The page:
Finnish language teaching research highlights impact of listen-and-repeat training


David1 week ago2 min read

Understanding and correctly reproducing phonemes is widely accepted to be a key building block in successful language learning, and insights from Finnish researchers suggests that listen-and-repeat techniques can be useful tools in helping students to pick up second language phonemes. Published last year, researchers based at the Finnish universities in Aalto and Turku demonstrated that periods of listen-and-repeat training had “clear, statistically significant learning effects on the perception of the trained linguistic stimuli.”

The study  looked at three main questions:

  1. Can vowel duration perception or production be improved with the same amount of listen-and-repeat training as perception and production of vowel quality or consonant voicing contrasts?
  2. If vowel duration processing can be trained, are the effects generalized to other, untrained vowels?
  3. Finally, if generalization occurs, is it limited to linguistic sounds or is the processing of non-linguistic sounds affected as well?

The study’s participants were exchange students joining the Finnish University of Turku, who rated their Finnish skills as either ‘basic’ or ‘no skill’ at the start of the project. They were native speakers of either French, Spanish, English, Russian, Lithuanian, Mandarin or Nepalese. 

The researchers created fake Finnish words - /tite/ – /ti:te/ and /tote/ – /to:te/ - chosen because they contain different places of articulation and are prevalent in common global languages. Importantly, the native languages of the participants all contain vowel phonemes similar to the ones in the linguistic stimuli.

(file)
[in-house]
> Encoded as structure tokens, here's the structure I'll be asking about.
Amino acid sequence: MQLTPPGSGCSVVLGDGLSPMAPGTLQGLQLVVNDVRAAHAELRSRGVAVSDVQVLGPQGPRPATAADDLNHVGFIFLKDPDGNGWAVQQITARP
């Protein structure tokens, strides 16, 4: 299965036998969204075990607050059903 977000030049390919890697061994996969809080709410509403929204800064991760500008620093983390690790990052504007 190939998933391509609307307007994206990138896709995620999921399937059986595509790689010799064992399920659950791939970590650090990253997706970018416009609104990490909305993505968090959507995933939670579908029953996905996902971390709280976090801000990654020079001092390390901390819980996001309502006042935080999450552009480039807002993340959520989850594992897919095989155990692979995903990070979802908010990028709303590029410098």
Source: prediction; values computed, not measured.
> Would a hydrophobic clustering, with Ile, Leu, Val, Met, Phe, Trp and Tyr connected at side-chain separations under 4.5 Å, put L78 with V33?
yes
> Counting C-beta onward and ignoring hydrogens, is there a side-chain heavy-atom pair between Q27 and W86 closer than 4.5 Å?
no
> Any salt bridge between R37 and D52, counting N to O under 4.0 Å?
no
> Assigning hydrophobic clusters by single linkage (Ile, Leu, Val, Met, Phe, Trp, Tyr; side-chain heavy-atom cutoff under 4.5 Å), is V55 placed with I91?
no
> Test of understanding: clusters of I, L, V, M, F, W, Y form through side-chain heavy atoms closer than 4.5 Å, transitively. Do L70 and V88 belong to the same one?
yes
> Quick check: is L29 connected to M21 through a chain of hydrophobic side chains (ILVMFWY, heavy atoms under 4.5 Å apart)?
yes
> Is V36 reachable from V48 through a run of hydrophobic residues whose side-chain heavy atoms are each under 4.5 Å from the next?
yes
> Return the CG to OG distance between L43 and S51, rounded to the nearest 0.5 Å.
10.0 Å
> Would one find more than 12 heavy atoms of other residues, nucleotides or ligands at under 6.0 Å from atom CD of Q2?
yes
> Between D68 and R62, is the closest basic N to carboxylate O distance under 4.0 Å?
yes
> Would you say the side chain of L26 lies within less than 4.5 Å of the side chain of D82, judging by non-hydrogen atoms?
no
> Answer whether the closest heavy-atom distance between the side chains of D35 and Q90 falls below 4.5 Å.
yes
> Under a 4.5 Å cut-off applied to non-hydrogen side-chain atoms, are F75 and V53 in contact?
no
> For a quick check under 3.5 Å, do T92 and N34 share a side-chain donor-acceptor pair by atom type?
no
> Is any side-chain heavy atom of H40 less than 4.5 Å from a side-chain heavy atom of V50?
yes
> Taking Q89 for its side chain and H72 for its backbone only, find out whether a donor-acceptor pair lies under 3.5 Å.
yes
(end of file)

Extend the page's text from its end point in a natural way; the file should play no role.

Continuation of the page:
Research subjects were exposed to recordings over a 3-day test period. The research followed a common test structure incorporating baseline tracking, training and measurement for each of the different stimuli. The stimuli were played to the research subjects using Sanako headsets and languages technology. The instructions to all subjects were clear - they listened to each sound carefully and were then asked to repeat it as clearly and as accurately as they could. Recordings of the subject’s voice and EEG were made and analysed.

The results captured by the researchers were notable. They demonstrated that the periods of listen-and-repeat training had “clear, statistically significant learning effects on the perception of the trained linguistic stimuli.”



The researchers concluded that:

“Taken together with existing literature, it seems that listen-and-repeat can be a useful tool in the acquisition of second language phonemes.”

The full article and a broader synopsis of the research can be found on the Sanako blog.

In the light of this research, how can language teachers use listen-and-repeat approaches to improve the effectiveness of their engagements? Perhaps the answer lies in so-called “mindful repetition”, which seeks to extend students’ learning beyond simply repeating words and phrases and hoping that their language proficiency or knowledge improves.

Instead, its proponents argue that mindful repetition helps students to be more actively engaged in their repetition and more attentive to the individual elements within it. Teachers could and should encourage/support students to develop higher order skills such as considering how words are said, how the words might be used and how the words compare to other words they know/understand. Such elements help to engage students of different levels and learning styles and better enable them to notice the various elements that build language fluency. Why not give it a try next time you teach?

If you’d like to know how Sanako products can help your students get more from listen-and-repeat learning strategies, contact us now to arrange your free demo!